By now you might know Australian swimmer Stephanie Rice as the attractive, athletic woman who recently posted a revealing photograph of her attractive, athletic body to Twitter—drawing the ire of her country's more Puritanical factions.
Perhaps you didn't hear that Stephanie Rice is a damn good swimmer, a three-time gold medalist at the 2008 Beijing Games who should loom large again come late July.
Let's get a sense of where this sudden internet sensation fits into the 2012 medal picture and what Americans she'll be up against for London spoils.
400-meter Individual Medley
In 2008, Rice won her first gold medal with a world-record swim in the 400 IM.
American Katie Hoff took bronze in that race, but it it's been another American, fourth-place finisher Elizabeth Beisel, who has emerged as the stronger swimmer over the quadrennium since.
Beisel, a 19-year-old University of Florida student, won the 400 IM at last year's World Championships, with Rice taking third.
On Wednesday, Rice admitted that Beisel is the pre-London favorite, telling Perth Now, "Fast swim . . . Elizabeth is definitely the front-runner along with (Brit) Hannah Miley and there's a gap to the next crew I'm sitting in."
Or perhaps Rice was merely playing head games with her newest challenger?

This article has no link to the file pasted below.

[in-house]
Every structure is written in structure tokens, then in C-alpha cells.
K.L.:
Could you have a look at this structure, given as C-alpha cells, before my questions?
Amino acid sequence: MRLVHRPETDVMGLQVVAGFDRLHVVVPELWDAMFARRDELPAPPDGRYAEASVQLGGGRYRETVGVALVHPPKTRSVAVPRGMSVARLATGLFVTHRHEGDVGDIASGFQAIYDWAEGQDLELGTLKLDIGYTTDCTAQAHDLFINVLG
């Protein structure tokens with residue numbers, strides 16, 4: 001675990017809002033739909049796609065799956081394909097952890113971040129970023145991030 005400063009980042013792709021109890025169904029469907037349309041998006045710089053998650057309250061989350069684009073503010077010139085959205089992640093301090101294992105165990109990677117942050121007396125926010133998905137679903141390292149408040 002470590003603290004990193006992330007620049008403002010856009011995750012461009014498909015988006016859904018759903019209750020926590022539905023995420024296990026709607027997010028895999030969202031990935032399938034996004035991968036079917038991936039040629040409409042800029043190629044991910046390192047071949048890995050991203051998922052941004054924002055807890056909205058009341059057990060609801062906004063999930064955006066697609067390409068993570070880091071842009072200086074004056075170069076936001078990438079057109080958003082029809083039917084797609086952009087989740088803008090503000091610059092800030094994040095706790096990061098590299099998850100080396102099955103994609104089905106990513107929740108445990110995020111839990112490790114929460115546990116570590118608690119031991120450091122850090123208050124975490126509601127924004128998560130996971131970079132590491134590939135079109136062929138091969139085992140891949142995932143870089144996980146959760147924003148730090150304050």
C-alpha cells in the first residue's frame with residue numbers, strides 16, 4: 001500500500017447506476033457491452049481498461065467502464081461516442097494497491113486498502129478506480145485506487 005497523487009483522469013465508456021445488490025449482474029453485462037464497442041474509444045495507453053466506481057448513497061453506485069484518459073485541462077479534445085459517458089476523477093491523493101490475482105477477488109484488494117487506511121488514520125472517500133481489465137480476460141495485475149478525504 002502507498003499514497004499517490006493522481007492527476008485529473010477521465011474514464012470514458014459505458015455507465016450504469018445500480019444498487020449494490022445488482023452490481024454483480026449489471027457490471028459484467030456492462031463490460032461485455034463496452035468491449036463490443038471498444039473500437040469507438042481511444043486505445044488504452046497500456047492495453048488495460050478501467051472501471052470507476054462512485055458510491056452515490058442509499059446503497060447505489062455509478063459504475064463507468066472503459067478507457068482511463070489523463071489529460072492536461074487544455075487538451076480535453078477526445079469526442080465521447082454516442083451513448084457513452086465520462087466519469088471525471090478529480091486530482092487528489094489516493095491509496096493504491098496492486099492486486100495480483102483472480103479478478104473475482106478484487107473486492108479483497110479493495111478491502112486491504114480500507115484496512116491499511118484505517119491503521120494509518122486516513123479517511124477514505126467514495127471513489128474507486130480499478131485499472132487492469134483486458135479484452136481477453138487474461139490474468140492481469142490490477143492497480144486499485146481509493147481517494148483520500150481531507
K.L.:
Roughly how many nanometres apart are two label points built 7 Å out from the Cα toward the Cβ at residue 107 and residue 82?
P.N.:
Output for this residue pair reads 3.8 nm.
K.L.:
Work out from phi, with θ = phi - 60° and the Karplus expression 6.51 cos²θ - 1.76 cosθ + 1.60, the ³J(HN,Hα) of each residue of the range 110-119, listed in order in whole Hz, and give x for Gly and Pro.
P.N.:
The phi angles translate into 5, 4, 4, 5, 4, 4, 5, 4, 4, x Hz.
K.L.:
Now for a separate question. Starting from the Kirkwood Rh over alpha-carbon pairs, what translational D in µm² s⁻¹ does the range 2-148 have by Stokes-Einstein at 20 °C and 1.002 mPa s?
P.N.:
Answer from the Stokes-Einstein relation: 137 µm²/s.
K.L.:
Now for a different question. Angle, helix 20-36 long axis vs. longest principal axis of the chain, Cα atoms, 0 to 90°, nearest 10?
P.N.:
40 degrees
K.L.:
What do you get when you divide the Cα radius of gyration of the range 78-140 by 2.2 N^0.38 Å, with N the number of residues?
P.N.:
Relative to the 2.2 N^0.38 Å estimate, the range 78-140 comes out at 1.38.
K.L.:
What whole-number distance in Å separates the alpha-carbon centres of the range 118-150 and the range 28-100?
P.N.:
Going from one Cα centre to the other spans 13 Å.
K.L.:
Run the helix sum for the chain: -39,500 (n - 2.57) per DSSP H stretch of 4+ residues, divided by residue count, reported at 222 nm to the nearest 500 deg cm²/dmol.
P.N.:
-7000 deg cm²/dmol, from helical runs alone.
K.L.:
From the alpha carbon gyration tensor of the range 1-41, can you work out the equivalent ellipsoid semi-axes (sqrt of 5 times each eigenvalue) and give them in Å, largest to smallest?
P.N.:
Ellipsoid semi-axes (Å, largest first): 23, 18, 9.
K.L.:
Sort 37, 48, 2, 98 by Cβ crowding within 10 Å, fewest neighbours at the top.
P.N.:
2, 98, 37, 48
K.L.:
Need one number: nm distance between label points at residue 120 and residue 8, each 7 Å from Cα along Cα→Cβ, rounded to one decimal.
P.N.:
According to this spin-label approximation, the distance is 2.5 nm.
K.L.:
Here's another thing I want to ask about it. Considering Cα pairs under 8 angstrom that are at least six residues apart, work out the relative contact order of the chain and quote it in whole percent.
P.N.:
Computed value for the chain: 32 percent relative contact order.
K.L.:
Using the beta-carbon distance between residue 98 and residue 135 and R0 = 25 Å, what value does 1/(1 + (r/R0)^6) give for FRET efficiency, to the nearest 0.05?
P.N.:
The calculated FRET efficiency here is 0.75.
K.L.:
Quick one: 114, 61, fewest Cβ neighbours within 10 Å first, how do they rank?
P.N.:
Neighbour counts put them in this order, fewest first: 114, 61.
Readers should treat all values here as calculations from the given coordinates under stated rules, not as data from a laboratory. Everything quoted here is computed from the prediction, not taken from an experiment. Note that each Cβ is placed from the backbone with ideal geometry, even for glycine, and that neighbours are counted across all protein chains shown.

There's no telling, but if Beisel's current form continues—she won the event convincingly at U.S. trials earlier this week—the intent may not matter.
200-meter Individual Medley
Just like her 400 IM swim, Rice took 2008 Olympic gold in the 200 IM with a world-record time.
And like the 400 IM, Rice has yet to win the event as a major international competition since.
At 2009 Worlds, she finished second behind American Ariana Kukors. Two years later at the 2011 World Championships, Rice also finished directly behind Kukors, except Kukors took third and Rice finished off the podium.
Neither competitor is trending in the right direction, and it'll be interesting to see if Kukors can hold off 400-IM qualifiers Caitlin Leverenz and Elizabeth Beisel for a spot on the Olympic team.
She's still the favorite, but not with the kind of emphasis you'd expect from a former world champion.
Rice isn't the dominant specter she was as a 20-year-old world-beater in Beijing. And if a return trip to the podium is in her future, the defending Olympic champ will have to overtake a couple of American swimmers who have had her number in recent meets.